Madeline Groves Reveals Cervical Cancer Scare After Critical Op Goes Well

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Madeline Groves in 2017 before her endometriosis diagnosis - Photo Courtesy: Steve Christo/Swimming Australia

There is much talk of us all “being in the same boat” during the COVID-19 pandemic. Nothing could be further from the truth, experience hugely different far and wide the world over, from those on the healthcare frontlines and the farmers providing essential goods to those worrying about home-schooling and others worrying about whether they will have food to give their children this day. Even in the same households, difference can be stark, depending on the roles people must play and the choices they make and the circumstances they have no choice over.

Olympic silver medallist Madeline Groves knows it all too well. Not for her the learning curve of dryland exercises so many swimmers and coaches are on at a time of closed pools and a lack of uncertainty when it comes to prospects of an end to containments measures set to be with us for some time yet in one form or another.

Soon after the International Olympic Committee finally agreed with athletes and others at the end of last month that the Tokyo 2020 Olympic Games would have to be postponed, Groves was in hospital. Not for that big C but to fend off the threat of the other one that takes many lives every years: cancer.

Groves, who touched the end wall over 200m butterfly at the Rio 2016 Olympic Games a swipe of arm adrift Spain’s Mireia Belmonte, suffers from two debilitating conditions: adenomyosis, an excitingly painful disorder in which the inner lining of the uterus (endometrium) breaks through the muscle wall of the uterus; and endometriosis, a more common disorder where tissue that normally lines the uterus grows outside the uterus.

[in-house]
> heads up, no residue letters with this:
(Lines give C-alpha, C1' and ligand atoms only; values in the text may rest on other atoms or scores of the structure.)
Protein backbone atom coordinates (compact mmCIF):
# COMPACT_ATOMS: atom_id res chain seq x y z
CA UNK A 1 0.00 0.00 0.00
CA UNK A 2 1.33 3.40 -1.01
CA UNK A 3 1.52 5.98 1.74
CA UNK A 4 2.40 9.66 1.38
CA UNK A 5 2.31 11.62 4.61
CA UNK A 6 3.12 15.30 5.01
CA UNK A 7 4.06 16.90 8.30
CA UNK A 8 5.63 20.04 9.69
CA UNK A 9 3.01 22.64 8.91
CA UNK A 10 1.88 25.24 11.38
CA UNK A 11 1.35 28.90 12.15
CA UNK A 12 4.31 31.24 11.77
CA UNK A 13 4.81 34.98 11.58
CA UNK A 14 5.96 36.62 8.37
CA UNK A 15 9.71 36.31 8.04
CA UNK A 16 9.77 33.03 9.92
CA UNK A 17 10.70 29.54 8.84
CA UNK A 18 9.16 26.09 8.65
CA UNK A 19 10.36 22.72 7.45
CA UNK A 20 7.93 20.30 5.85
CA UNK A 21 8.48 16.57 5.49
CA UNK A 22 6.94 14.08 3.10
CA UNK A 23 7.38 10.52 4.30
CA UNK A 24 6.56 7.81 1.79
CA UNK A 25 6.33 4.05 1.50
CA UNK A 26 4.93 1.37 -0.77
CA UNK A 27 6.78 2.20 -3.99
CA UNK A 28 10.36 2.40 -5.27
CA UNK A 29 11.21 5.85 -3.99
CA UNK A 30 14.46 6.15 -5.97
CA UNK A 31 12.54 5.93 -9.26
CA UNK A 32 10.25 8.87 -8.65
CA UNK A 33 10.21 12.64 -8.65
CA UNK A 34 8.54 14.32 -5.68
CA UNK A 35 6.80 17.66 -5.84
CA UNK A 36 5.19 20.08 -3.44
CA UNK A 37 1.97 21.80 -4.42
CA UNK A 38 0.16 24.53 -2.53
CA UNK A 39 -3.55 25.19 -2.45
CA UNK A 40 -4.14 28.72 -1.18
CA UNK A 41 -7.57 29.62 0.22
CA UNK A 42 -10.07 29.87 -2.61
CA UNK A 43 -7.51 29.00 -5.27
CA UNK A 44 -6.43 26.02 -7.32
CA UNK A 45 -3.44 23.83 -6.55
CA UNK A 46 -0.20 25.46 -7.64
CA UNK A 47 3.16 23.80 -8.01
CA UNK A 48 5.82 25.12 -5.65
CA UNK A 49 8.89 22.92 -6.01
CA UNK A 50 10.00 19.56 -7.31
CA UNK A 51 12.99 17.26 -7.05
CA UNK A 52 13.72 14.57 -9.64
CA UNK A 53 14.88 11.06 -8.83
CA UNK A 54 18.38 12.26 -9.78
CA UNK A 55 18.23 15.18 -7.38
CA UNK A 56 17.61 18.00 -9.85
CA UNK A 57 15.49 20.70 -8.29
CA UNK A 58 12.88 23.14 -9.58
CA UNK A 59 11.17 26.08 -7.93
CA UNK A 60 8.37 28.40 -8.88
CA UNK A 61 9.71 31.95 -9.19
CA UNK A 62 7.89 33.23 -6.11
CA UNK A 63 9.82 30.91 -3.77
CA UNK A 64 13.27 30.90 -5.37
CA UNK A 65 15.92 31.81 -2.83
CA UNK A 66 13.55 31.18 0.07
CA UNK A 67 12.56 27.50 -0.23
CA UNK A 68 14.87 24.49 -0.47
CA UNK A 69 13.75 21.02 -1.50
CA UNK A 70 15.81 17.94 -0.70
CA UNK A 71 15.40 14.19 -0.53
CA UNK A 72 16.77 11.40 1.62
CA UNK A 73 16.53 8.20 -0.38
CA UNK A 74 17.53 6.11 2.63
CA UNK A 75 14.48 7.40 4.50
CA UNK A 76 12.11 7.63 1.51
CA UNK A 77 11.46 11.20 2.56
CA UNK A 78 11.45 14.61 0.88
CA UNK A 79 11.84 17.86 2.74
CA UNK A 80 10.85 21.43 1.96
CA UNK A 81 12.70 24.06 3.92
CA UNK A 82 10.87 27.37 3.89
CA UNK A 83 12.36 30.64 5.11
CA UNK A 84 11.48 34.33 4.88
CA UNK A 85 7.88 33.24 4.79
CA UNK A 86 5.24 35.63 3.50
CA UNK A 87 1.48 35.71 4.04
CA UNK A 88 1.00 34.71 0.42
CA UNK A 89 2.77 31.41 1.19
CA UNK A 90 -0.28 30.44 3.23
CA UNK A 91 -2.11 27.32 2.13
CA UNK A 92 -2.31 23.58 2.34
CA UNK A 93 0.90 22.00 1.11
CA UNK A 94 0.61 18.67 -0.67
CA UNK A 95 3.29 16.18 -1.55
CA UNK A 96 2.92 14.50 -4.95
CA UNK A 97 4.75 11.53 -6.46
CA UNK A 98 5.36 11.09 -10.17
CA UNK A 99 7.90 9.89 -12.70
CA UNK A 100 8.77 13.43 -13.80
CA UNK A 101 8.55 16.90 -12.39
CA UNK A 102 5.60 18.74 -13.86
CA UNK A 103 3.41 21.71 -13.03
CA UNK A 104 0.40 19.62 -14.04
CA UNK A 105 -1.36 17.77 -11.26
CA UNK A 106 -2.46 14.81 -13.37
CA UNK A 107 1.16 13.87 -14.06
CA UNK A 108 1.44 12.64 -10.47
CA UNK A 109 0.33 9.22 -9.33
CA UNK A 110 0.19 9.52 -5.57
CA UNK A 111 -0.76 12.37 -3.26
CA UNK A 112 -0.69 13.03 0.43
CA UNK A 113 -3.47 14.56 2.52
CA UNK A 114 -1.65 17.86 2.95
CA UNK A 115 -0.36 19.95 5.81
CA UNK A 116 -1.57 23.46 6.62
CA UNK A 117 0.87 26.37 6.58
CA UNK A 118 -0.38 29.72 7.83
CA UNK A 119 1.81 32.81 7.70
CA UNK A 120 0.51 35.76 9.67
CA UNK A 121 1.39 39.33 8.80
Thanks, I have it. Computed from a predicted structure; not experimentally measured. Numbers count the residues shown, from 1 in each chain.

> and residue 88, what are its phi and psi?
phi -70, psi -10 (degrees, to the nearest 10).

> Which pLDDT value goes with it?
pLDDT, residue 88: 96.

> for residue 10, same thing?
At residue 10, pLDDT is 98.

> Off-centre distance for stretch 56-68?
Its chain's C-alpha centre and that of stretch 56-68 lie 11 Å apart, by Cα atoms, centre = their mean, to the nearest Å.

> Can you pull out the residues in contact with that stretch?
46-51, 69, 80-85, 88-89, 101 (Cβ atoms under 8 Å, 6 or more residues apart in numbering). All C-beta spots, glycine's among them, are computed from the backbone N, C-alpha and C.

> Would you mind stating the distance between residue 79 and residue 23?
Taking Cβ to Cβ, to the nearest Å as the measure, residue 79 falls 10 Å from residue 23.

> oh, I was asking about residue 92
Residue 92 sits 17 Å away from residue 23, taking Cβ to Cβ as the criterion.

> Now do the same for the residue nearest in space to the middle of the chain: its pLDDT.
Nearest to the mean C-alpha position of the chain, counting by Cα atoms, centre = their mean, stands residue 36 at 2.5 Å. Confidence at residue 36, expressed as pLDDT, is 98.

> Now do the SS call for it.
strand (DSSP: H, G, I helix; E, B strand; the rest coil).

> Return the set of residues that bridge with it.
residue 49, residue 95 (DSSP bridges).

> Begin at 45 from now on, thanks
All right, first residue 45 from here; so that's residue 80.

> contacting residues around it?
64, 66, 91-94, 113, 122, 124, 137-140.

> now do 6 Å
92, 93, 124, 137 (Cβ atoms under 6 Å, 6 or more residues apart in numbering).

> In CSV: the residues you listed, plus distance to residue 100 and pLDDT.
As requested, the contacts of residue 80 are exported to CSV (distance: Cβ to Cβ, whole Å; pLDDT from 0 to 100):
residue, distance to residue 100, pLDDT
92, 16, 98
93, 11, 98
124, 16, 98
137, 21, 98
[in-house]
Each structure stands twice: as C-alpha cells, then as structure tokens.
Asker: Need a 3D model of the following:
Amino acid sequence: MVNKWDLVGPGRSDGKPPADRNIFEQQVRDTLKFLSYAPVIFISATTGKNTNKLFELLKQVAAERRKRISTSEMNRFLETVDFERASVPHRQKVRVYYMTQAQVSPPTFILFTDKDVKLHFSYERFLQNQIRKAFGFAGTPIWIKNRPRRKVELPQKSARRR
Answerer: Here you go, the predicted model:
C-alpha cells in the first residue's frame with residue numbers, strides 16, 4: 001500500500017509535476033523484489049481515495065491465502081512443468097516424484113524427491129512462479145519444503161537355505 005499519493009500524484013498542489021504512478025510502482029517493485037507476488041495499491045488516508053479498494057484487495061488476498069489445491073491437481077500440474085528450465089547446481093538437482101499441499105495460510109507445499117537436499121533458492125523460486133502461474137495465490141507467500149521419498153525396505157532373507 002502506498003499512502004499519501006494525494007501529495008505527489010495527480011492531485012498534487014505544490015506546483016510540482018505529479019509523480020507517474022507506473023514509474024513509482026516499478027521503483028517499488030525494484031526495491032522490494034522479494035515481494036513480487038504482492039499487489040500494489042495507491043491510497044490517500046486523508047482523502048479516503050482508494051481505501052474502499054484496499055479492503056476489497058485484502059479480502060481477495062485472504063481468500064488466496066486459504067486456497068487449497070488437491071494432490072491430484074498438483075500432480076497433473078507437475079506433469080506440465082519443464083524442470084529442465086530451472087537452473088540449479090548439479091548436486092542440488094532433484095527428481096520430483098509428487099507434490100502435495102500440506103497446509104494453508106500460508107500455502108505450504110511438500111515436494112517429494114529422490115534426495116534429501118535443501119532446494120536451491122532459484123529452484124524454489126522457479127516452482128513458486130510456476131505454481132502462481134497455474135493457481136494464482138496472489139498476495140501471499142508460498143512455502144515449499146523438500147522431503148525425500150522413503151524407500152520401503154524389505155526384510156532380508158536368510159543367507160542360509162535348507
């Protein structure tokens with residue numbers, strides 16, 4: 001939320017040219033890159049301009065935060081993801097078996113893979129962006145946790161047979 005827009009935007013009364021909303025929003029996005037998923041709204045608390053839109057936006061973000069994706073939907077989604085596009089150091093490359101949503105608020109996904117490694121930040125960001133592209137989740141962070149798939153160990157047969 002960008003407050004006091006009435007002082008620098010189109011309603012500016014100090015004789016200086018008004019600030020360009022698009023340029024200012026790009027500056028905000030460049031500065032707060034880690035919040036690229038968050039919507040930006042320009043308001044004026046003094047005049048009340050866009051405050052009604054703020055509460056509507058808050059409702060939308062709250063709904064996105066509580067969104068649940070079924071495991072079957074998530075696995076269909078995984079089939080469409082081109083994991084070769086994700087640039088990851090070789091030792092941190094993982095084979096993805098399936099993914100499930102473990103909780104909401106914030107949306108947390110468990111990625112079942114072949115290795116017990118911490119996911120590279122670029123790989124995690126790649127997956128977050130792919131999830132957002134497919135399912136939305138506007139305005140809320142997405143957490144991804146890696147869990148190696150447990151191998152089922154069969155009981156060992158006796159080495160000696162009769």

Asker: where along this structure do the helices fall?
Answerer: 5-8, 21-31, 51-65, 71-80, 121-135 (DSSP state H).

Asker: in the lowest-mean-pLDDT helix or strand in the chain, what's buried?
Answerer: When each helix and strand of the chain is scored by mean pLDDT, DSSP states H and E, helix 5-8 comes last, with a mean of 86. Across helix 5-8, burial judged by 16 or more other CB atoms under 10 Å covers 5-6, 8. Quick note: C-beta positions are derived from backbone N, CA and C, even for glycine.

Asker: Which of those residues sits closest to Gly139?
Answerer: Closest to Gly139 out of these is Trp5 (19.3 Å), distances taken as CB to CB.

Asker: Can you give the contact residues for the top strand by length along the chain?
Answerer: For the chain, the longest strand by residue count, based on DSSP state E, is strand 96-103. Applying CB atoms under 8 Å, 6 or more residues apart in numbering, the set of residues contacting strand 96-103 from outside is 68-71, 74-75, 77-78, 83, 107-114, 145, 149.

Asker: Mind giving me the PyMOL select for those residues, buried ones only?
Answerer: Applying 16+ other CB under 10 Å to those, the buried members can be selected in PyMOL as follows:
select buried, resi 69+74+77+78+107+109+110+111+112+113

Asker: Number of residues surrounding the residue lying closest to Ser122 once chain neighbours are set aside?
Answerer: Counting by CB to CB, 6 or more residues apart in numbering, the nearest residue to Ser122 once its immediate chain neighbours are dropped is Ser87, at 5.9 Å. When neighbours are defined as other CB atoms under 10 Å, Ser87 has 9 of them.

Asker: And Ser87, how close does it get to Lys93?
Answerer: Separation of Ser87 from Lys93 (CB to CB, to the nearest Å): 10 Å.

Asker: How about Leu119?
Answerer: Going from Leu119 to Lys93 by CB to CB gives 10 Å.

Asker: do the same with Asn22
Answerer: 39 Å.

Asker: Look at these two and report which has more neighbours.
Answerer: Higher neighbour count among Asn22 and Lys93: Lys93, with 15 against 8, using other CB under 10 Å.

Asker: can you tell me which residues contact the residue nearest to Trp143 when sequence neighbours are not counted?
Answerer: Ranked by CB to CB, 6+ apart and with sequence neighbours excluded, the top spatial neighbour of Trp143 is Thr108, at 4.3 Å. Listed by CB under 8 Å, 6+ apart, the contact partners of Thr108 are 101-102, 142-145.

Groves, 24, has spoken out about the conditions to raise awareness. Today, she tells Phil Lutton at the Sydney Morning Herald:

“The pain of adenomosis actually feels like you are being stabbed in the uterus and someone is very slowly twisting that knife. That’s literally what it feels like.”

There’s a mental challenge, too, one that stretches beyond pain to the prospect of cancer. Groves explains to Lutton:

“I had some scans and a pap smear, which then showed I had a pre-cancerous lesion on my cervix. The recommendation was to wait another year and check again, but my gynaecologist said ‘this needs to come out’. I’m so lucky because when he did, when they had a better look, it actually had cells of a CIN-3, which is a higher grade. If I had waited another year, I could have developed cervical cancer.”

Madeline Groves Smiling and Sitting Up After The Op That

Madeline Groves was diagnosed with endometriosis at the end of 2017. “So severe was the conditions that she was rushed to surgery on the very day of her diagnosis,” writes Lutton.

Back in 2018 when Groves emerged from her first operation, she resumed training on her own, not alongside her long-term coach Michael Bohl because she needed to “regain a bit of control and independence” after an experience that brought perspective. She told Lutton:

“It was difficult … I just kind of felt like I needed to regain a bit of control and independence, really remember why I swim and why I enjoy training. That’s why I’ve been doing it a little bit differently.I guess it gave me a lot of perspective which is why I’ve gone back to the basics a bit –  to remember why I train and what I love about swimming.”

Read Lutton’s latest report and the fuller story of Groves’ experience in full at the Sydney Morning Herald.